Stephens, Matthews concerned at Bouhanni sprint; race judges were split on decision
Orica GreenEdge directeur sportif Neil Stephens has confirmed that the team had issues with the manoeuvre by Nacer Bouhanni inside the final 50 metres of Saturday’s stage of the race, a sideways swerve which forced Michael Matthews to back off on his sprint and may have cost him the win.
Matthews was the only rider able to close down Bouhanni after the FDJ.fr rider launched his sprint early, but when he pulled alongside him the Frenchman abruptly moved to his left and forced the Australian to also change his course and to freewheel.
Matthews finished very close to Bouhanni, but lost out on the chance to take what would have been his second stage victory of the race.
Although it was reported immediately after the finish that Matthews would not protest, the Orica GreenEdge team later confirmed that Stephens went to speak with the race judges about the manoeuvre. He confirmed that two of the commissaires had issues about what Bouhanni had done, but that things were deadlocked and the decision eventually went in the Frenchman’s favour.
“The race organisers had already asked the commissaires to review the finish when I arrived. I reviewed it with them and in my mind it confirmed our doubts,” said Stephens, explaining that seeing the sprint again convinced him that the FDJ rider had not behaved properly.
However the commissaires ultimately let the result stand. “They were split two against two as to what the decision should be. In the end they said it was a difficult decision but that they would award the stage to Bouhanni.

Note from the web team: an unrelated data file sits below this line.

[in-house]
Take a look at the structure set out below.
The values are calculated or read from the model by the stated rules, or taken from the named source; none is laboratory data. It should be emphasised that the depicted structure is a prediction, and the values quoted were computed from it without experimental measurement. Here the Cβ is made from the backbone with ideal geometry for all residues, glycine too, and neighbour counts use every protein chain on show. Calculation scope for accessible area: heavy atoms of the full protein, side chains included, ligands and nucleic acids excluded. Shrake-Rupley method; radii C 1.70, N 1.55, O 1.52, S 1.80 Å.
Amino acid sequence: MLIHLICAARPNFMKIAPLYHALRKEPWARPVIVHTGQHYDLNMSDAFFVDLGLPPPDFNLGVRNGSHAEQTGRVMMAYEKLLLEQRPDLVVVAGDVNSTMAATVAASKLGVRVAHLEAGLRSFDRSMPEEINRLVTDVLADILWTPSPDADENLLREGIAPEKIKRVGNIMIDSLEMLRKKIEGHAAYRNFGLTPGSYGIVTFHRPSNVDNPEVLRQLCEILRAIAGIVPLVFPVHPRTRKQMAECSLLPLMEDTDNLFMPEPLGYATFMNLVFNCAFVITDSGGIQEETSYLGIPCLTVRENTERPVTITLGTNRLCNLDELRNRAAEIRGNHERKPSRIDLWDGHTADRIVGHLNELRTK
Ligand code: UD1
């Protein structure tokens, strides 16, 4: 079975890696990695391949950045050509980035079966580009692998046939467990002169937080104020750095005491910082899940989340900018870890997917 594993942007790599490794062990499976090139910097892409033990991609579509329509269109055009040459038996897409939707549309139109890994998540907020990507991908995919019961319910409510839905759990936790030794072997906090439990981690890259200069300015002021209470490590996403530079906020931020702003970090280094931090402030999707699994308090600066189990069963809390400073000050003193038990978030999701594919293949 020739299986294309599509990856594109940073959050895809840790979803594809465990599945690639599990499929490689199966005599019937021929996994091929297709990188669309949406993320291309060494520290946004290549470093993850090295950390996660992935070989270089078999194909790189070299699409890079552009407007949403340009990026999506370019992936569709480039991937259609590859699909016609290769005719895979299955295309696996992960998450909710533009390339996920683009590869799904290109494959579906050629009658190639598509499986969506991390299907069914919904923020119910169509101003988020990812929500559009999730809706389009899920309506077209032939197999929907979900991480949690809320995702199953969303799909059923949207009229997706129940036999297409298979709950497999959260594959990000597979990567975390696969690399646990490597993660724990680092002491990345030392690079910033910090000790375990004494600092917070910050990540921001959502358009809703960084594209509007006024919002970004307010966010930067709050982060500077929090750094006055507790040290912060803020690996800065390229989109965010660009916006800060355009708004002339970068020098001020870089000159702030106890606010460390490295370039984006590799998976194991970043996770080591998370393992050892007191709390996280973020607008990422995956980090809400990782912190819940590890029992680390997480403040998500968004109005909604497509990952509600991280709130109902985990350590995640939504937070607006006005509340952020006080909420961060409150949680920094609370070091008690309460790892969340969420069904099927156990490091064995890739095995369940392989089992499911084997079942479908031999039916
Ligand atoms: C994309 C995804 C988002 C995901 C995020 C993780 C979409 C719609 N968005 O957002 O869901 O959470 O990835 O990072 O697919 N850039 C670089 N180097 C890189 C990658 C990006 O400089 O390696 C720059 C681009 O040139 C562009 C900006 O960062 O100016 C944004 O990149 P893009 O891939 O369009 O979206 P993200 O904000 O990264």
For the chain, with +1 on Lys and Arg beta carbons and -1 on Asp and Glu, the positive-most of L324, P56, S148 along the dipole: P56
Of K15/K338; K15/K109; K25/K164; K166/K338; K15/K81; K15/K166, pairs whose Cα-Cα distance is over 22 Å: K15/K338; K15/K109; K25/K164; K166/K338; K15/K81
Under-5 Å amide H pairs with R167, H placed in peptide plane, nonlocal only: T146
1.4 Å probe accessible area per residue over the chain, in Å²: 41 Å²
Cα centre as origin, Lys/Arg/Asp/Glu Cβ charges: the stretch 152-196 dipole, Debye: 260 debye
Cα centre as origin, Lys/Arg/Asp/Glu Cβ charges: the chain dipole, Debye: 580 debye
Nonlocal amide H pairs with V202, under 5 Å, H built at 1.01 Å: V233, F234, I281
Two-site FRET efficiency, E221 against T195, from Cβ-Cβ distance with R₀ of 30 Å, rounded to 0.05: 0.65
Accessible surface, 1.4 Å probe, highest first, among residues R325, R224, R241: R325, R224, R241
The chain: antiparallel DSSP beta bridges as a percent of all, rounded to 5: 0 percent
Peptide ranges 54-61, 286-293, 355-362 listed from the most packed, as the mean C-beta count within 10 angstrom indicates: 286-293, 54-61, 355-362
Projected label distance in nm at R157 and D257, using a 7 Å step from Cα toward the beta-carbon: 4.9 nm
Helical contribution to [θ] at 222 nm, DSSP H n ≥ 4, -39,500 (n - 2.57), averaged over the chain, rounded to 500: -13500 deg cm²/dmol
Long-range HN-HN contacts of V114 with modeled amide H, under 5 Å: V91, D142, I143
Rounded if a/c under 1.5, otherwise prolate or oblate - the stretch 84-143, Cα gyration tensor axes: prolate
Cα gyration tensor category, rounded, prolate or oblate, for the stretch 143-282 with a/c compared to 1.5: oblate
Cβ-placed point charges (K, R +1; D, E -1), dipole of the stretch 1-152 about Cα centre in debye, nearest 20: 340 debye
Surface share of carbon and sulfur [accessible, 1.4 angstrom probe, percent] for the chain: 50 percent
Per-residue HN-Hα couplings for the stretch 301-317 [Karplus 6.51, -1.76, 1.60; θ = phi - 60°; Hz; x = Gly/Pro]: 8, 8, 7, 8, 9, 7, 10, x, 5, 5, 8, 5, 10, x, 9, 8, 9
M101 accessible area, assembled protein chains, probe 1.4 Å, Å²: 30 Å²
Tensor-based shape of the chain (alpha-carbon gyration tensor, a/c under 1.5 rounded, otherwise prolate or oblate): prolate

“That’s racing, it’s a difficult decision and we just have to respect the commissaires. We will just fight to win a stage another day.”
Matthews triumphed on stage three of the race and was looking to add another victory to his palmares. He was frustrated, but resolved to look forward rather than linger on the decision.
“The final worked out the way I wanted it to up until about 15-25metres to go,” he said.
“Mitch (Docker) gave me a good lead out to string the bunch so I didn’t get swamped, then Bouhanni hit out from about 200m and I got on his wheel.
“I went to come around him but unfortunately a small movement in the final when you are going that speed washes off a lot of speed. I had to stop pedalling when he gave the little flick, but that’s racing.”
While he sounds accepting of what happened, he confirmed that the team felt Bouhanni might have been relegated. UCI rules state that sprinters must hold their lines in the final gallop, but the Frenchman clearly didn’t do that.
“We wanted to see what the commissaires said,” stated Matthews. “We thought it was a bit touch and go but it’s their opinion that counts and we can only try.
“Unfortunately they made the decision, I was second place and we have to go with that.”
He will try again, but will have to wait until after Sunday. The ninth stage will take the riders to the top of the tough Aramon Valdelinares climb. While Matthews’ stage win earlier this week came on an uphill finish, it was far shorter than the first category ascent the peloton will face.
Matthews doesn’t have the high climbing ability to fight for the win on Sunday and will consequently look to seize his chance in a later stage.
View the closing kilometres, including the controversial sprint, in the video below (at 11mins):
Also see: Bouhanni takes his second Vuelta stage with verve and a swerve